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Anonymous show offers Yukon trans artists a chance to share their stories

‘These pieces are windows into a soul’
Transitioning Into Visibility is the art show at Arts Underground that brings together the work of transgender, two-spirit and non-binary Yukoners and their families. The show opened on May 4 to a packed gallery. (Crystal Schick/Yukon News)

Each painting has the same price tag —$150. By no coincidence, that’s also the fee for a single session of therapy.

The 20-plus individuals whose work is currently on display at Arts Underground arrived at that number together, explained Chase Blodgett during the opening reception for Transitioning Into Visibility, which brings together the work of transgender, two-spirit and non-binary Yukoners and their families.

“When we were asked to decide what the price of each piece was going to be, all we wanted was more therapy,” Blodgett, founder of All Genders Yukon, told a packed gallery on May 4.

“These pieces go beyond what you’re seeing. These pieces are windows into a soul, into a journey and into a story that was carefully articulated and has never been told before.”

The works were taken from roughly 400 pieces created between September 2017 and April 2018.

Whitehorse-based Ignite Counselling hosted twice monthly art therapy sessions for members of All Genders Yukon, and twice-monthly sessions for the supporters of members.

Sessions were facilitated by Zoë Armstrong, a registered art therapist who is also one of two people in the Yukon (along with co-facilitator Erin Legault) who has training and certification from the World Professional Association of Transgender Health.

Armstrong said painting was a new way for people to express themselves, and, because each of the paintings are anonymous (labels feature names, initials, and aliases such as Vulnerability Warrior), it was a safe way for them to advocate.

“It’s powerful. And I hope that it really creates some action because my heart goes out to these experiences that most people don’t know,” she told the News. “We (cisgendered people) come from a very privileged majority place. We don’t think of, ‘Can I use the bathroom?’ You don’t even have to think when you fill in a box on a form.… Art can be so evocative in being able to actually feel someone’s experience.”

“Borders,” for example, is a chalk pastel by Len Row. The piece features a black X through light swirls and colours. “Some countries allows ‘X’ as a non-binary identifier/marker on passports,” reads the artist statement. “This option is a sign of freedom for some and oppression for other non-gender conforming people.”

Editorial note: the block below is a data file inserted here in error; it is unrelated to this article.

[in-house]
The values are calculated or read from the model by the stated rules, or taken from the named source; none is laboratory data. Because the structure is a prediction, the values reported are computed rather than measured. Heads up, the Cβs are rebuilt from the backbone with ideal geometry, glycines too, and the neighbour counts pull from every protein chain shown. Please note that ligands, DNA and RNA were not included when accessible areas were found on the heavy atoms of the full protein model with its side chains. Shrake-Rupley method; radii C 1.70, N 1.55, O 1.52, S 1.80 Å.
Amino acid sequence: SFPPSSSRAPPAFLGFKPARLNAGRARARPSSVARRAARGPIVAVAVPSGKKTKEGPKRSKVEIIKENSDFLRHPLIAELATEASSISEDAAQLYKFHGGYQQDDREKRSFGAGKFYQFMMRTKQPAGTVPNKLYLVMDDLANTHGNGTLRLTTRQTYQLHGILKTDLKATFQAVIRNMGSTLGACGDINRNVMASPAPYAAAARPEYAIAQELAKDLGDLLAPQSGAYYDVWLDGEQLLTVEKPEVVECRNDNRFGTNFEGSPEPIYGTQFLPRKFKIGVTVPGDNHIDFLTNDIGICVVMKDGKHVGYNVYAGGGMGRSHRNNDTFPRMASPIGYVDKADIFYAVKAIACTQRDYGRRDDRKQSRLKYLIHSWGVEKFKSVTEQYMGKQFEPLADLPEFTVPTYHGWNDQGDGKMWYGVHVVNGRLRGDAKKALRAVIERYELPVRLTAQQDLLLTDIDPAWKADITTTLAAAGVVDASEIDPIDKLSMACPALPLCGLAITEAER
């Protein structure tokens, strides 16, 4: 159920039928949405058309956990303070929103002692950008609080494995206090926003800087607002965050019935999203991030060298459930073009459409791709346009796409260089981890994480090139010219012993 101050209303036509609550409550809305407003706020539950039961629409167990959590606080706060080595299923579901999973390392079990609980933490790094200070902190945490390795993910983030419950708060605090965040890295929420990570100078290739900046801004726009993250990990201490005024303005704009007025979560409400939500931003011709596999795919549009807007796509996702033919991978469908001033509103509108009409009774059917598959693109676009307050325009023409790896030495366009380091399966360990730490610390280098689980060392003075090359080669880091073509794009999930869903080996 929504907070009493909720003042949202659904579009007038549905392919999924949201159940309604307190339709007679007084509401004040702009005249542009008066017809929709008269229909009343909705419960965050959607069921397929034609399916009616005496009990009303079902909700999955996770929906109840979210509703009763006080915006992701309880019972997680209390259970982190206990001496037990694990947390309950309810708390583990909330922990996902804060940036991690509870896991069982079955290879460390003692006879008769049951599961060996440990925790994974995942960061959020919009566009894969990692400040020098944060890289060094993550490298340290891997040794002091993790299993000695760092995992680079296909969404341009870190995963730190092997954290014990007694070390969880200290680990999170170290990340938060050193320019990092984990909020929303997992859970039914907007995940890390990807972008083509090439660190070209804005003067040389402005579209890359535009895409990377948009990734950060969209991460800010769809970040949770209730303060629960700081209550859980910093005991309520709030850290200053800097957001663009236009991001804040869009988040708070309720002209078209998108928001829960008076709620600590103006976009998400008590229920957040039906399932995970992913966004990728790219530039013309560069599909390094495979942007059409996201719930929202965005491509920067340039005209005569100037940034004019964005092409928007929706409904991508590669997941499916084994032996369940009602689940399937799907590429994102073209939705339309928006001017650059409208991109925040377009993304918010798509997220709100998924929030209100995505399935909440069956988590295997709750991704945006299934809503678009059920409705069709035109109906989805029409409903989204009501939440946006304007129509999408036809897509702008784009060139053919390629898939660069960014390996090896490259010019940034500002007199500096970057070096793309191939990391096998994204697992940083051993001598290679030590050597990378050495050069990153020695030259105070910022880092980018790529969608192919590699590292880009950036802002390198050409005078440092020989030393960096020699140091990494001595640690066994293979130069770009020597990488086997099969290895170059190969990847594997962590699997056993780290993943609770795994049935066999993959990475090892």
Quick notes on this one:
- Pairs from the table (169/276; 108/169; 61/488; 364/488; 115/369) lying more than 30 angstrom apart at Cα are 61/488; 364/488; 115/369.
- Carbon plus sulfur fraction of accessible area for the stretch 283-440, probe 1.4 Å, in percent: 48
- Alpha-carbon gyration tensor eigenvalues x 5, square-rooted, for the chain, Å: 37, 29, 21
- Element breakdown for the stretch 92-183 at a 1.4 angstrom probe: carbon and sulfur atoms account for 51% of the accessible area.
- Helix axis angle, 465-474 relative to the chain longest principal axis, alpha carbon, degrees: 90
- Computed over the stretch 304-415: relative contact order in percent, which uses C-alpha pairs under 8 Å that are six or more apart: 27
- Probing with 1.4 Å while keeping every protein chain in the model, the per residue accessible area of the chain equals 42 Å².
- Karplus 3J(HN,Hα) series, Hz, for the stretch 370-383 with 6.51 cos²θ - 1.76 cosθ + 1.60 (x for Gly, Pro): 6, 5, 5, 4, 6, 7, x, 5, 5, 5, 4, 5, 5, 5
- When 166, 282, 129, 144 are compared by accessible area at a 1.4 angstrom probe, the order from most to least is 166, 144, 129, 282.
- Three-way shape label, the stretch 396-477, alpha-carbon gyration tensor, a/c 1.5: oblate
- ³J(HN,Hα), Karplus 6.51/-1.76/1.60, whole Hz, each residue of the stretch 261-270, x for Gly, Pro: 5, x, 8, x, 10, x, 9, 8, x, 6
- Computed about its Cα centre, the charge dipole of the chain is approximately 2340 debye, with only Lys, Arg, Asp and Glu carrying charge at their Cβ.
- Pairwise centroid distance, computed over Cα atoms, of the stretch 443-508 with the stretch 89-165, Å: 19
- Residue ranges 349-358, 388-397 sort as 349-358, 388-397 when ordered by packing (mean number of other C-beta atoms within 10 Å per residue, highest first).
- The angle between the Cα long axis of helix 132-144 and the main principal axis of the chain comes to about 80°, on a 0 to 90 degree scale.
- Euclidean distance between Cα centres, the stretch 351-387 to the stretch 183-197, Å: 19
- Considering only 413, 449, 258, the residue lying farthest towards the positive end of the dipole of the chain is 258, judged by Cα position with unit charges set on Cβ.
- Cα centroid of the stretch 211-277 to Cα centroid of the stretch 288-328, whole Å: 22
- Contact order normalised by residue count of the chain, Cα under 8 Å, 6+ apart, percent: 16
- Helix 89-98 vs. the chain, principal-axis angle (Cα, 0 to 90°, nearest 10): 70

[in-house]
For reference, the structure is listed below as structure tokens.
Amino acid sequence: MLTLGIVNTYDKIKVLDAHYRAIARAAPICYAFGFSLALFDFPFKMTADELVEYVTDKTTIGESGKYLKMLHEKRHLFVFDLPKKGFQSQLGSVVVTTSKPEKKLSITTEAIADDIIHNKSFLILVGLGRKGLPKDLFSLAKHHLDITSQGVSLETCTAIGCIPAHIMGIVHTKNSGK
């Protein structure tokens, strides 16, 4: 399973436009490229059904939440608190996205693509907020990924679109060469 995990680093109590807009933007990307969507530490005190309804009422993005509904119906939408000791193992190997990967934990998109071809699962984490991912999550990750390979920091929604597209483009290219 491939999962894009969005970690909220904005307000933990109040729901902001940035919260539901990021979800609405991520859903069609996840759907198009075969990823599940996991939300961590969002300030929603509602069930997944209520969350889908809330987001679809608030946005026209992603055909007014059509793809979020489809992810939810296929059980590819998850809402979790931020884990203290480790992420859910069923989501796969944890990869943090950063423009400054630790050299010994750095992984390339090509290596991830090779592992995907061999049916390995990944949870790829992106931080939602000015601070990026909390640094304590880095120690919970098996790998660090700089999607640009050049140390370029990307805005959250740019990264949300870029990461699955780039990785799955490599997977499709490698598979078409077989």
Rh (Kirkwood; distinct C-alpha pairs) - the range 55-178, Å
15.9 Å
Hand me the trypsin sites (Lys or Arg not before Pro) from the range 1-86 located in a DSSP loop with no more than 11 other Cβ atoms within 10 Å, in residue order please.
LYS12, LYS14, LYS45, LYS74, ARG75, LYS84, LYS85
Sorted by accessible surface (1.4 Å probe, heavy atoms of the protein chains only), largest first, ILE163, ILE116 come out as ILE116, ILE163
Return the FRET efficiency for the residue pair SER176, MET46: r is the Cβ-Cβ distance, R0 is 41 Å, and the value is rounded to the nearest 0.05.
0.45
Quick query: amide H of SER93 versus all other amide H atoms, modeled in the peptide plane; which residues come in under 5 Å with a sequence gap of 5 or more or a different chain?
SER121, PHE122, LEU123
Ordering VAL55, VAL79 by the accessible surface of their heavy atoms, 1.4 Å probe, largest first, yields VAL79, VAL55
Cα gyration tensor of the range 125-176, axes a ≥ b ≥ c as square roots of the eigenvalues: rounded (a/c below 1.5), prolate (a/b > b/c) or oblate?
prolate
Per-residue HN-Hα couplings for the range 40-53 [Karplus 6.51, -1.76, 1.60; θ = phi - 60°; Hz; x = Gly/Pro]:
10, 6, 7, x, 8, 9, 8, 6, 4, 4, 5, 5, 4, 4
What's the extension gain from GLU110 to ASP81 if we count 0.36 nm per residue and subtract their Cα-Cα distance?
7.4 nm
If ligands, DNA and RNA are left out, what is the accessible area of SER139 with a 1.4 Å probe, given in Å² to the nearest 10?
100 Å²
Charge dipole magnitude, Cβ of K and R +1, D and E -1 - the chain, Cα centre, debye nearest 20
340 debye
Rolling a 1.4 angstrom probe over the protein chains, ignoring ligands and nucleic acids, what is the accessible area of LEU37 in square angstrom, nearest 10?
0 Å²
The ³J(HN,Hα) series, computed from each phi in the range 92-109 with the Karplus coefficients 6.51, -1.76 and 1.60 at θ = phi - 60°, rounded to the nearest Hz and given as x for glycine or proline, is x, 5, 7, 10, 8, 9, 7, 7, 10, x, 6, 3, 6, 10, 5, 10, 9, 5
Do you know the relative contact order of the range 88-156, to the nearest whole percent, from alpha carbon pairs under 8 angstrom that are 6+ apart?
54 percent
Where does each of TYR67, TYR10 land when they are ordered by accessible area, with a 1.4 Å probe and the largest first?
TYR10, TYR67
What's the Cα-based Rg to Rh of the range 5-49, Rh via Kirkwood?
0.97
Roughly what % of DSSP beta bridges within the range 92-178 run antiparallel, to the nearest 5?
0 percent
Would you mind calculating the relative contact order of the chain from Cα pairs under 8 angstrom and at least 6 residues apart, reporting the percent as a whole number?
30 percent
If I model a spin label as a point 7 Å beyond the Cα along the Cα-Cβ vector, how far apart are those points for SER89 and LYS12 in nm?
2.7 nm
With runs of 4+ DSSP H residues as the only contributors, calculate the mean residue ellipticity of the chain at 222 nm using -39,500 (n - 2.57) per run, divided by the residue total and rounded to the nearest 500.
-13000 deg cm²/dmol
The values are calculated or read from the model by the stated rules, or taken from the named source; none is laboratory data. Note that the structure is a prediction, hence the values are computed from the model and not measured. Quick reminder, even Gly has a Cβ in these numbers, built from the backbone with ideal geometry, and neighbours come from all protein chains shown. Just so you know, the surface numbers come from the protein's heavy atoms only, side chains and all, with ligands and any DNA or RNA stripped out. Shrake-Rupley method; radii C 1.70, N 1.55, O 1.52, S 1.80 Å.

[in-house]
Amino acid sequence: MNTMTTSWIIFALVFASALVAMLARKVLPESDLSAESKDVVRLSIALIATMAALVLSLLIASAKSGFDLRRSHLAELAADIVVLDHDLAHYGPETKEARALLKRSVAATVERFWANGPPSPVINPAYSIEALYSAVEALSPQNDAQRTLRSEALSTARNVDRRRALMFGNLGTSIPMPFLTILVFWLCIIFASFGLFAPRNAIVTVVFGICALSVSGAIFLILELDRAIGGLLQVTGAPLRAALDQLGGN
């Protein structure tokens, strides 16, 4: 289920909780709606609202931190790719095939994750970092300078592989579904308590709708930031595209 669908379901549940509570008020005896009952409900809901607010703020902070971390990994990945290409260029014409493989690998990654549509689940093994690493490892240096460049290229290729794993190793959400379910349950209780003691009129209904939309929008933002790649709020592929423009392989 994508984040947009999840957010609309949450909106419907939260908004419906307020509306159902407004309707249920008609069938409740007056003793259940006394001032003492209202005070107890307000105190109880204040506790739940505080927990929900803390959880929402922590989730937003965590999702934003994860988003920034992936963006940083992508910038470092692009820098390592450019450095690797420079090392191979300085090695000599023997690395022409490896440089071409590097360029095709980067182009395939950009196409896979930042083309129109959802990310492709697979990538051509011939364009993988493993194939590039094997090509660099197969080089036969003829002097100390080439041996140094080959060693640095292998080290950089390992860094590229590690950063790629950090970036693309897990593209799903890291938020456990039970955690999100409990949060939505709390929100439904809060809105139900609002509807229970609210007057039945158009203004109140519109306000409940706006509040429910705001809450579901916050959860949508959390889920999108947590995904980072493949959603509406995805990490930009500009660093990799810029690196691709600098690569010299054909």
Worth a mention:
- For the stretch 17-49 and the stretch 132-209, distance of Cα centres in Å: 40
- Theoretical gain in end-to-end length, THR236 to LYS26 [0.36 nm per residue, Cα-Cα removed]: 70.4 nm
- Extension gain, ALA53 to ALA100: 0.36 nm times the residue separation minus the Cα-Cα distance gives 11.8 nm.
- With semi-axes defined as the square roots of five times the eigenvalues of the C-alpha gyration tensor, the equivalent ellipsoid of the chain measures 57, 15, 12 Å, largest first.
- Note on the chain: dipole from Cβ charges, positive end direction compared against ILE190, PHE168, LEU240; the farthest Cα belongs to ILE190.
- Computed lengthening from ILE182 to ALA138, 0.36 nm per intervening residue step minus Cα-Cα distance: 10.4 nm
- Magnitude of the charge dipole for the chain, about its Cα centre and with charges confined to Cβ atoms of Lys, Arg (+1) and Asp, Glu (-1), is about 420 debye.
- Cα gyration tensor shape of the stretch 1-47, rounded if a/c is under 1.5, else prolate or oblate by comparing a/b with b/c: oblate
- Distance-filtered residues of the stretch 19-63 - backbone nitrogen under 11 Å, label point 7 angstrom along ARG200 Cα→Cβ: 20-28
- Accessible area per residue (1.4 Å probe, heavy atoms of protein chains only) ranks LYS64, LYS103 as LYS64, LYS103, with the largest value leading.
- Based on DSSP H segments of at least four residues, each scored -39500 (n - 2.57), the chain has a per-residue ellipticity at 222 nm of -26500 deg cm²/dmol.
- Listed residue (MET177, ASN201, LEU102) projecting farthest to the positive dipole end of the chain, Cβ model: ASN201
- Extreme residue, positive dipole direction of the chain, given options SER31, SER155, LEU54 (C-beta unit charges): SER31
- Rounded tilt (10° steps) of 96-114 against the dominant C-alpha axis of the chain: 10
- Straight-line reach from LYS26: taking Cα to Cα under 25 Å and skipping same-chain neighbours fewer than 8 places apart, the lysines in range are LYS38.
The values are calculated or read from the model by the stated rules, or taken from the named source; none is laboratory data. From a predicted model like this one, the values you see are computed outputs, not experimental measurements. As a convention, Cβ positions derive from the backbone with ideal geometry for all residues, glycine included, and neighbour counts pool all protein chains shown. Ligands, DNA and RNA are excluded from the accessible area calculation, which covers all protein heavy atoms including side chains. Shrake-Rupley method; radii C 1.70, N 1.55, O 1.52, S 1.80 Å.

“Stumped!” by an artist identified as EGC, shows a pair of clasped hands. Above, a flower blooms from a black orb that’s filled with multi-coloured seeds.

“I’m a trans man on a fertility journey with ovaries but not uterus,” reads the statement. “My partner and I are trying to grow our family. Living in the Yukon is a dream come true, but the lack of resources, especially medical services, makes trying to grow our family costlier, complex and at times emotionally, physically difficult.”

“A lot were super excited to advocate in this way and share their experience,” Armstrong said. “Some people are also like, ‘This is fantastic that I get to be part of this but I also just get to live my life.’”

Shaun, 49, grew up in the Yukon. At the opening, he stood in the centre of the busy gallery, explaining to a woman what the term “cisgender” means. He was more comfortable speaking directly to his experience, even though this was his first time participating in a visual art exhibition.

His piece features a man, viewed from behind, peeing in the forest. Shaun said he didn’t realize his own jealousy around not being able to do the same until he started painting.

“It was a chance to talk about something that is roaming around in your head for years sometimes,” he told the News at the opening. “And sometimes words fail us when we’re talking about these pretty big issues — gender, identity, sexuality. When you get to do a painting or a piece of art, there’s so much said in that picture … it’s also very freeing.”

He said he was amazed by some of the artists whose work was shown alongside his — artists as young as six, who are already assertive about their gender identity.

When he grew up, he wore the clothes he was given, he said. People called him a girl, or a tomboy, but he knew there was more to it than that.

“There was no attachment to this label that I was given at birth,” he said.

He said it took him a while to realize there were words for what he was feeling, but even when he first started hearing the term “transgender,” he thought it only applied to men transitioning to women.

“I didn’t consider that you could go the other direction,” he said.

That’s part of the reason he’s so open to talking with people when they have questions. He said everyone has someone on the spectrum of queerness in their lives. Not asking questions doesn’t help.

“Ask questions respectfully because that’s how you learn,” he said. “Sometimes it’s better to get the answers from someone who’s living the experience than it is going to the internet.”

Transitioning Into Visibility is on at Arts Underground, in the Edge Gallery, until May 26.

Contact Amy Kenny at

This piece by Mr. I. Kan-Dee depicts a time he considered killing himself in a public way in order to gain attention and receive help from the Yukon Government. (Crystal Schick/Yukon News)